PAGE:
However, there is a guy who I’ve been wanting to get on the show for a long time because his book is one of the best books on breath work, and I finally managed to wrangle him onto the show. His name is Patrick McKeown, and he wrote this book called “The Oxygen Advantage”, and the things that he talks about in this book, everything from this test called the BOLT test to why over breathing might be a bigger issue than under breathing to the link between breathing and weight gain to how to mess around with things like pulse oximeters. He’s got all sorts of information that I haven’t had a chance to talk about before on the show, believe it or not, and so I’ve got him here with me, and I’m going to pick his brain about this book “The Oxygen Advantage” because I have plenty of questions that I think you guys are really going to benefit from.
Who is Patrick? He did his clinical training with something called the Buteyko Breathing Method in Moscow, Russia, and since then he’s spent the past fifteen years working with tens and thousands of people around the world on everything from breathing pattern disorders, to sleep disordered breathing, to anxiety, to performance breath work, and he works with some of the top athletes in the world now on their breath, like tennis player, and cyclists, and professional football players, MMA athletes, track and field athletes. So he’s one of the go-to guys in the world when it comes to breath work, and performance, and breath work, and health, and again I’ll link to him, all of his books ’cause he actually has eight books about breath work. Not just one, although the one we’re talking about today is called “The Oxygen Advantage”. So go to bengreenfieldfitness.com/oxygenadvantage to get in on all of that goodness. Patrick, welcome to the show man.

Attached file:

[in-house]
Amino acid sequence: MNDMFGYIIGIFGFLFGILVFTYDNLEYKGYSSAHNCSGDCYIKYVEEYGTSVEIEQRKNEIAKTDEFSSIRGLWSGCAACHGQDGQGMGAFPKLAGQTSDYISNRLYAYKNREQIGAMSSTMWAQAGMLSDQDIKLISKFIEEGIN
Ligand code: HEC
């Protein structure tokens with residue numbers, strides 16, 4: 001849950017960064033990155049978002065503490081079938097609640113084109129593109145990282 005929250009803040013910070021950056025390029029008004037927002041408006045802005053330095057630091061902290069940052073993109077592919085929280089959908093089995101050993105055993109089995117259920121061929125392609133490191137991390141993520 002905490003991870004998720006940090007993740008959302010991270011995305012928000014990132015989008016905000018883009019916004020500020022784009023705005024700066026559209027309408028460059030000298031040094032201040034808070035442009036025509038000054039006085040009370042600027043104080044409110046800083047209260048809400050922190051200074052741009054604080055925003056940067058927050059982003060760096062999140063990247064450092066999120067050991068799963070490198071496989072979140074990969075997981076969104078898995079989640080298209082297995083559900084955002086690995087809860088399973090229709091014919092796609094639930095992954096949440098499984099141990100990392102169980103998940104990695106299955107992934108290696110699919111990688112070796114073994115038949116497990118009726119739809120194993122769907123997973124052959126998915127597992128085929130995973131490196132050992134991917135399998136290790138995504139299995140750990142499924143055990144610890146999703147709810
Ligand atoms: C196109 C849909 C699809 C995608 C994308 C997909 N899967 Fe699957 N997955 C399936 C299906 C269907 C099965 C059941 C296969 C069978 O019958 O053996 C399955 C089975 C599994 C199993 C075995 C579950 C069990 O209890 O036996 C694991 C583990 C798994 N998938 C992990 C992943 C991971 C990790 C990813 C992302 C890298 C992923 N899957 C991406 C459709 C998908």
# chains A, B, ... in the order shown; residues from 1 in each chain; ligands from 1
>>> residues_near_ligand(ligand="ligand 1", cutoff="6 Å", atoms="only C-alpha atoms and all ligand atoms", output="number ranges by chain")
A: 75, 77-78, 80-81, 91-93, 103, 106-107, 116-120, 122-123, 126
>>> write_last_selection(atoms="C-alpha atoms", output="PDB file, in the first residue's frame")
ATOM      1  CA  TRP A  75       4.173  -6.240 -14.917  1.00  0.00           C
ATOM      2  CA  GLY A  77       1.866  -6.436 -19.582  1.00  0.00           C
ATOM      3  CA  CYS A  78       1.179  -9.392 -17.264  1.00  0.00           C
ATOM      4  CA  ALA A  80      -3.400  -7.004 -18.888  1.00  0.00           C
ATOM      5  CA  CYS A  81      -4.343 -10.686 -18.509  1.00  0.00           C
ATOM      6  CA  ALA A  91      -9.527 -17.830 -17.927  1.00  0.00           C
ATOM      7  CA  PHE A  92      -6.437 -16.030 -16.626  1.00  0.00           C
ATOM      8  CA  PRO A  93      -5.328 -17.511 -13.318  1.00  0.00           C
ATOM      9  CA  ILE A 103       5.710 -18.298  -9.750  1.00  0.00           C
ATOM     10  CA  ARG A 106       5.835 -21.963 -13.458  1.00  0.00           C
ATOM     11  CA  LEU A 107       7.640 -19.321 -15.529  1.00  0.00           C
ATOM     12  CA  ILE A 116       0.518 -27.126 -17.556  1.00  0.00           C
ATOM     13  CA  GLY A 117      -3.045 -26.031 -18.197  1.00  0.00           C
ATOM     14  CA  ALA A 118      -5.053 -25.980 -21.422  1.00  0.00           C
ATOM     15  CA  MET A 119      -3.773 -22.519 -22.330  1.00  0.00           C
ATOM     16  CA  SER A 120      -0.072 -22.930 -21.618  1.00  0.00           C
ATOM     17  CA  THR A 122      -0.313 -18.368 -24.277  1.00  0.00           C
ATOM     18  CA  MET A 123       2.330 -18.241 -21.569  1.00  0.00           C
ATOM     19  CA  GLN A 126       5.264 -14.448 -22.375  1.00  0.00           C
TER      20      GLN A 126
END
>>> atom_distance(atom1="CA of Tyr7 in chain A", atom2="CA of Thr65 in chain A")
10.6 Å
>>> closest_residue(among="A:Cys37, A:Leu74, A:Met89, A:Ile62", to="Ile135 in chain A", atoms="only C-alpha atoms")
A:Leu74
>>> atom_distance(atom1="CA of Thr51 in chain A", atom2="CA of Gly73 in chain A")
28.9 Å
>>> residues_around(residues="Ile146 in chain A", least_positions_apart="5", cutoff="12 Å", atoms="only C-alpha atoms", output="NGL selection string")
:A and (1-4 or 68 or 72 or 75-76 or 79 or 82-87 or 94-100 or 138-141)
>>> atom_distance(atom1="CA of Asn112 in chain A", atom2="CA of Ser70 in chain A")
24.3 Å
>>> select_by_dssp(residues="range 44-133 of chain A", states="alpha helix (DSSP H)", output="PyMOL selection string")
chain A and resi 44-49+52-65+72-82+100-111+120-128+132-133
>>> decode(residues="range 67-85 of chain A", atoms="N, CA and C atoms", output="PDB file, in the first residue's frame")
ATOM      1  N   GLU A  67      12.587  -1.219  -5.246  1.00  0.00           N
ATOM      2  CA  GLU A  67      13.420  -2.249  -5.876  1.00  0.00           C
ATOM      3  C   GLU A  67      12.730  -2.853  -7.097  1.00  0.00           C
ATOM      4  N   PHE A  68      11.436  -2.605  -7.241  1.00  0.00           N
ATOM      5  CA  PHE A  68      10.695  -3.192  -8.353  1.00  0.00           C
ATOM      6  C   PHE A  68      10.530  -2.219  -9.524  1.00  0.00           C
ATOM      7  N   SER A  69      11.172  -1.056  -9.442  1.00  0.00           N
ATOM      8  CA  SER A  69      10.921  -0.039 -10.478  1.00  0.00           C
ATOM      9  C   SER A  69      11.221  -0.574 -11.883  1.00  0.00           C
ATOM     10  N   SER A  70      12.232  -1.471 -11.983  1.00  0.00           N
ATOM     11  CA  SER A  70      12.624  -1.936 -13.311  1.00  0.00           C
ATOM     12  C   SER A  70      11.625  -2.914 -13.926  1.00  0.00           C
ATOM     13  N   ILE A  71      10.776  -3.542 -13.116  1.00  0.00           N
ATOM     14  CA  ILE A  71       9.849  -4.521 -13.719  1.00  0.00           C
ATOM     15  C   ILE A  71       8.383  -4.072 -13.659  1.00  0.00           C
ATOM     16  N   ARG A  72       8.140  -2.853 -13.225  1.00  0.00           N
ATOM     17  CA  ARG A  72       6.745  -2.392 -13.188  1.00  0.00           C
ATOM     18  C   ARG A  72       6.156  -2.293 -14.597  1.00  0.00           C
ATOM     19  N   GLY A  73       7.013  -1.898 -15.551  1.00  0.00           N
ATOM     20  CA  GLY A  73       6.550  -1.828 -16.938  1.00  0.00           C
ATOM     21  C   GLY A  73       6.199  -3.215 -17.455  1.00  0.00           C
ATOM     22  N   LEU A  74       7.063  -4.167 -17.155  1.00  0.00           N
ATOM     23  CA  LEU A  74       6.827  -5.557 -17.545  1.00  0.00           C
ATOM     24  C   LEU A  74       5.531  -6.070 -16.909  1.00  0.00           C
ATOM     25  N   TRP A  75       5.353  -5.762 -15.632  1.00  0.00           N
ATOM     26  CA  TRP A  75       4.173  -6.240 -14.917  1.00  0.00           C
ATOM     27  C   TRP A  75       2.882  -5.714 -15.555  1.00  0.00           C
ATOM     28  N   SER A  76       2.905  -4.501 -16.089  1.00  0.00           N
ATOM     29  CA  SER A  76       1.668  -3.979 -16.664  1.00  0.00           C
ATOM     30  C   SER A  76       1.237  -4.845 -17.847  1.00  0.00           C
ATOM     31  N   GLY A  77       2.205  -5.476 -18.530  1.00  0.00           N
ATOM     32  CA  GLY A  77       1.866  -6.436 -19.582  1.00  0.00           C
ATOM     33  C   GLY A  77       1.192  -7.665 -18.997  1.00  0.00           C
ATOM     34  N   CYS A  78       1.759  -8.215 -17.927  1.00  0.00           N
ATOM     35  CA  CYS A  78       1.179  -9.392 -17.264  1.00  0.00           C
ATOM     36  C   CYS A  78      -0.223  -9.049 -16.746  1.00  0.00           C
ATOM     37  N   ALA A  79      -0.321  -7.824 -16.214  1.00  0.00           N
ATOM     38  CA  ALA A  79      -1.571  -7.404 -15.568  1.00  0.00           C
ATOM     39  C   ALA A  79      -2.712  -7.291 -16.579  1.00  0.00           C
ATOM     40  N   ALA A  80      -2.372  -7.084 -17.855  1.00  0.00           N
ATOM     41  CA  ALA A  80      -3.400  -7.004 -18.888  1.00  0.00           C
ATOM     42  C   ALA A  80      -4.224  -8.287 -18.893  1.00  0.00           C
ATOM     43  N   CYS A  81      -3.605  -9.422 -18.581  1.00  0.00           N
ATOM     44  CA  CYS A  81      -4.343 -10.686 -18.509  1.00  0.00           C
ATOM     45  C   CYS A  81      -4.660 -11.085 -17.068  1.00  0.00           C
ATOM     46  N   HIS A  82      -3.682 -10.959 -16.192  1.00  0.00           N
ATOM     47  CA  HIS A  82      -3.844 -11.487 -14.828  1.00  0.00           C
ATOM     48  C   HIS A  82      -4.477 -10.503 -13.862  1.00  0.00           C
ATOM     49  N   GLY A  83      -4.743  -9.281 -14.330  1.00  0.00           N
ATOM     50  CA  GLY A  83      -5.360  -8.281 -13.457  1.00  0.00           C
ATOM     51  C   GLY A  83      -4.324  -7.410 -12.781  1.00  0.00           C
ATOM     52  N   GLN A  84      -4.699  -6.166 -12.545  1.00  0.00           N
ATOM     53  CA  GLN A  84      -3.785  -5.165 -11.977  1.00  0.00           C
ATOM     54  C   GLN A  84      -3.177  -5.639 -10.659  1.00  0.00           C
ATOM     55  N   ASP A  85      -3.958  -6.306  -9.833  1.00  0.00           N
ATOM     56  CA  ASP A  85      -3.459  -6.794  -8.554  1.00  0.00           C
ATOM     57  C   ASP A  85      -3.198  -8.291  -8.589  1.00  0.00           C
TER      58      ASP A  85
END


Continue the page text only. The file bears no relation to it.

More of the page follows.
Patrick: Thanks so much, Ben. That’s a very great introduction.
Ben: Oh thank you, I practiced many times when you weren’t here. I’m here with my tank top on, flexing, showing my guns which is what I do. Anyways though, in your book, Patrick, one of the first things that really cause me to raise an eyebrow and realize you were going to talk about some unique things I haven’t heard about before was you talk about this thing that you call chronic over breathing. Now everybody you talked to, they talked about sleep apnea, not breathing enough and you hear about people saying how you shouldn’t shallow chest breathe when you’re at work, always take deep belly breaths, but you say chronic over breathing is actually a big health problem. Can you explain why that is?
Patrick: Sure, it would be characterized as a breathing pattern disorder, and for about twenty years, I had chronic rhinitis. So my nose was blocked, and as a result I was breathing through an open mouth, and I had asthma, and I was told that I was stopping my breath during my sleep, and I was constantly tired. I was stressed, and that would’ve been a habit of chronically over breathing. In other words, breathing a volume of air that’s greater than metabolic requirements than what we need. Because as human beings, we have to realize that we survive on food, water, and air, and the amount of food that we eat everyday must meet certain parameters. The amount of water that we drink, of course we can drink too little, we’re dehydrated, but we can also drink too much, and that’s often evident in margin runners for example, but nobody talks about how much air should we breathe, and there’s this myth that’s often exposed, and it’s very commonly talked about if you’re in a Western yoga studio, or Pilates, or even stress counselors. I hear it on the radio a lot, I hear it or see it and read on magazines. Take a deep breath, take a big breath. This belief that if we take more air into our body that it’s going to add more oxygen to the blood, that’s not true.
Ben: It’s not true that if you’re going to take a big breath, you’re going to get more oxygen into your blood and more oxygen to your tissues?
Patrick: Yes, correct. So by breathing more because normal breathing, during normal breathing when you’re breathing is light and through the nose driven by the diaphragm. So in the true sense of the word, we do encourage deep breathing. A deep breath just means that we’re using the diaphragm, and if you breathe through your nose, you’ll tend to use the diaphragm more than if you breathe through the mouth. For example, any of your listeners can demonstrate that. All they have to do is look down at their chest, take a breath into the mouth, and they’ll see that it’s the chest that will rise and fall, so it’s a thoracic breath, and that would be a shallow breath.
Ben: It’s called a thoracic breath?